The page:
Tech, Trade War Break S&P 500’s Momentum

(Bloomberg) -- Returning from vacation is a drag -- in life, in stocks. True to form, September started with the worst S&P 500 retreat since June.

Anyone hoping last month’s momentum would persist was disappointed. After hitting a record on Aug. 29, the index has fallen on five of six days, with the twin tech pillars of semiconductors and the FAANGs leading the way.

Historically, volatility is lower than average during the summer months before September flips the switch, according to Vinay Viswanathan, a derivatives strategist for Macro Risk Advisors. While realized volatility is typically suppressed from April through August, September marks a turn, and the month has been more volatile than the overall average dating back to 2007, data show.

So maybe it’s no surprise that concerns investors could live with in August became harder to shake off. They included routs in emerging markets, a trade spat with China and scrutiny of tech companies at home that became too much to handle this week. It was a crack in what’s become known as the America First trade, where the rest of the world’s problems were seen as buttressing the U.S.

“The longer the divergence goes, the more it leaves the U.S. market vulnerable,” said Bruce Bittles, chief investment strategist at Robert W Baird. “The fundamentals have been strong in the U.S, but it’s not a healthy environment when there are few tech stocks holding the market up and then one or two of them are becoming vulnerable. We are advising our clients to take a more cautious approach.”

Tech, Trade War Break S&P 500’s Momentum

Losses in the S&P 500 were accompanied by a rotation into defensive companies and away from consumer discretionary and tech, this year’s best-performing sectors. The Cboe Volatility Index jumped to a two-month high as the S&P 500 Index fell 1 percent over the four days, only the second decline in 10 weeks.

Worsening trade tensions didn’t help. Proposed tariffs on $200 billion in Chinese goods President Donald Trump is finalizing could yank 5 percent from the S&P 500, according to UBS AG’s Keith Parker. The S&P widened losses at midday Friday after the administration threatened to slap tariffs on an additional $267 billion in Chinese goods on top of the ones already announced.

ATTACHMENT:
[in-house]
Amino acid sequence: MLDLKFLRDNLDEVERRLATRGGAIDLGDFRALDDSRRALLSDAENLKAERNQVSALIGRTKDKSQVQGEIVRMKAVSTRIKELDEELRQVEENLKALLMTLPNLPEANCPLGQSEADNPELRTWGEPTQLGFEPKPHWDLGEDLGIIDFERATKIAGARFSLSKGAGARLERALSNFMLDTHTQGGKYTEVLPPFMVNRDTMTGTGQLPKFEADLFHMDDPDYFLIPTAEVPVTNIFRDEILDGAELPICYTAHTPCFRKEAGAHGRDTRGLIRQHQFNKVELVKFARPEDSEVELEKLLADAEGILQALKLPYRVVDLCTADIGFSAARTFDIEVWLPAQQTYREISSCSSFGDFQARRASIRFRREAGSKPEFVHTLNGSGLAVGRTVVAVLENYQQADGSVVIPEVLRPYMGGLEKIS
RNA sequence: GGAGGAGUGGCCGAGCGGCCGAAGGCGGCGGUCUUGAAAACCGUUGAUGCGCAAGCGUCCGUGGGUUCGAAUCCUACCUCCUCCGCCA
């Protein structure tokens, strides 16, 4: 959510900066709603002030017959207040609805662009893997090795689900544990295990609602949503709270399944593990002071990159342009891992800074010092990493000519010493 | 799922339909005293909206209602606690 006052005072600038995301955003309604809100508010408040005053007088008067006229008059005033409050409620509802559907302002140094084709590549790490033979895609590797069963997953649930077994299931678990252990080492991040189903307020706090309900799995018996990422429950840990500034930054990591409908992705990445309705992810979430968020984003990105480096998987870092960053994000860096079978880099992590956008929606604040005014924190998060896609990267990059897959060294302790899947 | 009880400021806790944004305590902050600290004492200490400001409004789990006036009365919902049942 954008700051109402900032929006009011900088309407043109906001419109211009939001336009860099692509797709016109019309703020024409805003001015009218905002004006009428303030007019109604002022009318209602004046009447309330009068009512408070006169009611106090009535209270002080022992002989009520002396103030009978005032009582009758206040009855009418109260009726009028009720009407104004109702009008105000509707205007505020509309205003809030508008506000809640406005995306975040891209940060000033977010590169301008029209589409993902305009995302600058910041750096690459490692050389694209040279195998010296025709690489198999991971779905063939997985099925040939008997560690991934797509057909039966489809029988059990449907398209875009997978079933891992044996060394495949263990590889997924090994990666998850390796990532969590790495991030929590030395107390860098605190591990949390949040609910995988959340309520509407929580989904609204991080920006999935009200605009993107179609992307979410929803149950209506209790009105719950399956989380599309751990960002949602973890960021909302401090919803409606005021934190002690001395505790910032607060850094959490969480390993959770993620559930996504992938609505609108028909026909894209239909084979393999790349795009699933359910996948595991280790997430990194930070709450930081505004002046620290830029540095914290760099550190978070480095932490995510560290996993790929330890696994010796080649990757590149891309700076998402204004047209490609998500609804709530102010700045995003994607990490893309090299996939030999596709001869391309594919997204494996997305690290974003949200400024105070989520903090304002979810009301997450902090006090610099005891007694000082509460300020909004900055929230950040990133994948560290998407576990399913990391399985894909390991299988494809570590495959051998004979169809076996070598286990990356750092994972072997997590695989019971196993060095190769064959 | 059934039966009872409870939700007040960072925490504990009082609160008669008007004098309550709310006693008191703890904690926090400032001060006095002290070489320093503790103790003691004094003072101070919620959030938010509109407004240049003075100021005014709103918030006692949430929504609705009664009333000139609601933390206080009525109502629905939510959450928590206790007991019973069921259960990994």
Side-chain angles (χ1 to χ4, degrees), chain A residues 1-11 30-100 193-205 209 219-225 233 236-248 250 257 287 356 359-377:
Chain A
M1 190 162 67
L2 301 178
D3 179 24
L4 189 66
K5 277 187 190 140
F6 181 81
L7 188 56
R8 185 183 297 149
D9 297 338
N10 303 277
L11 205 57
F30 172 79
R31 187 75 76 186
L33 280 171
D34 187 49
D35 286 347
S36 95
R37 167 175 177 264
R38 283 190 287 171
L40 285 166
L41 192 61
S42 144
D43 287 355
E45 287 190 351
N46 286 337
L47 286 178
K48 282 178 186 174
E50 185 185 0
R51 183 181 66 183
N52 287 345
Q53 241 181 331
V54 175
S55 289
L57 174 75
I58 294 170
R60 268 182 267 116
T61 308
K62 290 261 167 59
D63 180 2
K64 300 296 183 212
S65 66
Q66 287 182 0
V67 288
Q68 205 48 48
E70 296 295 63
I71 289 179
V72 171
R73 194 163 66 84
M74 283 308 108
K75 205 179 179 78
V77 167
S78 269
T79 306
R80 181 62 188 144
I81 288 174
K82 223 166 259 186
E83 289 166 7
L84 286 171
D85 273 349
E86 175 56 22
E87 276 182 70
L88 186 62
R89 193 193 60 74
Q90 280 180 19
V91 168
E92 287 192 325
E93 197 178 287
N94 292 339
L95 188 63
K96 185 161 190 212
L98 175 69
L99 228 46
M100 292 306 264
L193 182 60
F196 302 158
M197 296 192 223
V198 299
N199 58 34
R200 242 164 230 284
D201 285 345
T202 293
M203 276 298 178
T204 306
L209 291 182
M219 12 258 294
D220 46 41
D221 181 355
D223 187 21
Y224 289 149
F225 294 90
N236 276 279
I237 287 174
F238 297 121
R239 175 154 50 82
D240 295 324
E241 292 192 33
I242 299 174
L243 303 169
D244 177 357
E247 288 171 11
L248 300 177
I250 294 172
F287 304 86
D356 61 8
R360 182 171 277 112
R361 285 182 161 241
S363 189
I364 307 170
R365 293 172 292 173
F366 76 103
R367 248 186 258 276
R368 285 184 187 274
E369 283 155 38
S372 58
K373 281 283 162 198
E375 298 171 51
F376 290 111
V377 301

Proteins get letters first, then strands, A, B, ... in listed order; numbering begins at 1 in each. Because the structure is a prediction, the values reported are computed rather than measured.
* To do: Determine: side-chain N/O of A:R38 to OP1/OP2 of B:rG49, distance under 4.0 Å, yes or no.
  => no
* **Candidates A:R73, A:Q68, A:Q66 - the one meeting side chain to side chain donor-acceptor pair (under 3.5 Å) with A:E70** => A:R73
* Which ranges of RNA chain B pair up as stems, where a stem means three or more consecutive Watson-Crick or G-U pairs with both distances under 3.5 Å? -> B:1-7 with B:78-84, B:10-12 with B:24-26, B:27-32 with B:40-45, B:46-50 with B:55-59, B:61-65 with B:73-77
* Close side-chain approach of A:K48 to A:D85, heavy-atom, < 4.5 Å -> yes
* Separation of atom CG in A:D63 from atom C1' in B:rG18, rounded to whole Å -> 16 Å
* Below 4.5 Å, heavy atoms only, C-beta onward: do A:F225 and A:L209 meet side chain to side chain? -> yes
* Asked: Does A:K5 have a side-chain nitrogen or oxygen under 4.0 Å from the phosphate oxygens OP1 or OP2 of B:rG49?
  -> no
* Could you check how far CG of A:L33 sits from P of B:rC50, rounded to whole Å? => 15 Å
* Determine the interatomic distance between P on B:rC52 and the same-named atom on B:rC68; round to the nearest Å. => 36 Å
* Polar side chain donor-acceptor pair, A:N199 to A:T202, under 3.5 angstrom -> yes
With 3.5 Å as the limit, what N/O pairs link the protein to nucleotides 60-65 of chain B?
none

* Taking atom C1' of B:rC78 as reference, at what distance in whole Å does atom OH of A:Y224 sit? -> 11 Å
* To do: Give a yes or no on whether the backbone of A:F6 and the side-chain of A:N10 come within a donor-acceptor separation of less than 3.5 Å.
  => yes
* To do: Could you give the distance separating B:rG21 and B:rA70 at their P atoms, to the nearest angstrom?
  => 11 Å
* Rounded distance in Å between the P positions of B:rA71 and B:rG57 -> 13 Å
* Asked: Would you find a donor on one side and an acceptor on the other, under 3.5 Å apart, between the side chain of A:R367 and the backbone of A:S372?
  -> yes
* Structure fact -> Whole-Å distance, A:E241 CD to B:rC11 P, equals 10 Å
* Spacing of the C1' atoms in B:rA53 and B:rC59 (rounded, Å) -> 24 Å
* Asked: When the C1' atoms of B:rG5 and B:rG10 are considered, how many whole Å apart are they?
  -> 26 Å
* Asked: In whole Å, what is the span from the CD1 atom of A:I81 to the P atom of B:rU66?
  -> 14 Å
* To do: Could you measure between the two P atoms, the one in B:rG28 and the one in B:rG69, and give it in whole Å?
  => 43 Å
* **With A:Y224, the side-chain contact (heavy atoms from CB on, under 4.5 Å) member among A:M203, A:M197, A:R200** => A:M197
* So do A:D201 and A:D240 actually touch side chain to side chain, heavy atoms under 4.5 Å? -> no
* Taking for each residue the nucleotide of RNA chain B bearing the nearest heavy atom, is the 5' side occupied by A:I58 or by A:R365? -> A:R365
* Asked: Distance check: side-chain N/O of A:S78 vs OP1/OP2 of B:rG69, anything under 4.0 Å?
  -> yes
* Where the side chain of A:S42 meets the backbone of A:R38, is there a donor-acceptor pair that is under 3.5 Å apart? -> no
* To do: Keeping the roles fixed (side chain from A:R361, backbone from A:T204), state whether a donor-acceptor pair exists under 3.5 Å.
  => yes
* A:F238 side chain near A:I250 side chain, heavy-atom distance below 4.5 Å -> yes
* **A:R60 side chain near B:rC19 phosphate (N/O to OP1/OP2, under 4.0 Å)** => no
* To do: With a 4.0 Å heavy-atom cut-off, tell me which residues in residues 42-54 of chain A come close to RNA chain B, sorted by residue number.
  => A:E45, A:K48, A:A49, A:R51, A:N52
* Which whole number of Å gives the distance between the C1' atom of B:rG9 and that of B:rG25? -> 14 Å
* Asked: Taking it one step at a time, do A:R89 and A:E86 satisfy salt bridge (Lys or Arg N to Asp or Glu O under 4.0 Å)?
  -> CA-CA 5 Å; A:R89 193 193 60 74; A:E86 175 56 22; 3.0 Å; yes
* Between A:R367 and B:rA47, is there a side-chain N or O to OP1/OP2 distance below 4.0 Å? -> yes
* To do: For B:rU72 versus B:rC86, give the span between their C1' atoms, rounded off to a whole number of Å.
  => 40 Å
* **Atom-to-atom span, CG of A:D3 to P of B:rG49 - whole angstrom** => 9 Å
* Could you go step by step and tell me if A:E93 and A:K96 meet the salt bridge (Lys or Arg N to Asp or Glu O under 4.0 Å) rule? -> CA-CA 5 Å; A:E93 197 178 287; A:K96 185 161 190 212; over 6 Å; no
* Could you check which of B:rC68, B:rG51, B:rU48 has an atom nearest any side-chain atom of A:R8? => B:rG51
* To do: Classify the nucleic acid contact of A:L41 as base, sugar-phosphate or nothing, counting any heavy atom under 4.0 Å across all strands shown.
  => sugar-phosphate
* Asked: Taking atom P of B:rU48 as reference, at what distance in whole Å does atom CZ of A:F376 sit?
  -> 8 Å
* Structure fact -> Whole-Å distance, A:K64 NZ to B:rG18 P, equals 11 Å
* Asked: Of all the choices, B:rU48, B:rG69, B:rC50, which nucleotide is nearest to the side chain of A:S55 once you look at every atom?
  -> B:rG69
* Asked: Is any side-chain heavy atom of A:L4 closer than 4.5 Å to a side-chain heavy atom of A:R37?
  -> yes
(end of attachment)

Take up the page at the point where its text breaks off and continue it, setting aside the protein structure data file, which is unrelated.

A more imminent threat is weakness in tech megacaps, the market darlings since the 2016 presidential election. An index tracking Apple Inc., Facebook Inc., Netflix Inc. and Google Inc.’s parent Alphabet sank the most in 24 weeks after congressional hearing in Washington raised bets the sector could face a tougher regulation.

“Whenever the specter of Washington shines on an industry or a stock, you can almost be assured that there’s going to be underperformance,” Hank Smith, the co-chief investment officer at Haverford Trust, which manages $8 billion, said by phone. “Regulations just like tariffs are a tax, they are a cost, so that’s part of the selloff.”

Tech, Trade War Break S&P 500’s Momentum

This weakness roiled momentum investors who bet past winners will keep going up, as the $10 billion iShares Edge MSCI USA Momentum Factor ETF retreated the most in 11 weeks. At the same time, there’s was little evidence that the horrors being visited on some of the rest of the world’s markets were spreading back to the U.S. Right now, the 8.9 percent decline in developing stocks this year through August compares with a 8.5 percent rally for the S&P. But history isn’t on investors’ side: this month has been the second-weakest of the year for S&P 500 companies over the past 20 years, data compiled by Bloomberg show.

All of these concerns can be probably be put aside if investors get a clear indication the U.S. economy is churning along, according to Quincy Krosby, chief market strategist at Prudential Financial Inc. The jobs data on Friday showed a healthy labor market that could clear the way for two more rate hikes this year. An increase on Sept. 26 is already baked in.

“Investors need a reinforcement that the economic underpinning for the market remains strong and solid,” Krosby said by phone. “The earnings season is over, what investors really need right now is to see that the economy is gaining momentum that will help the market sustain the rate hike.”

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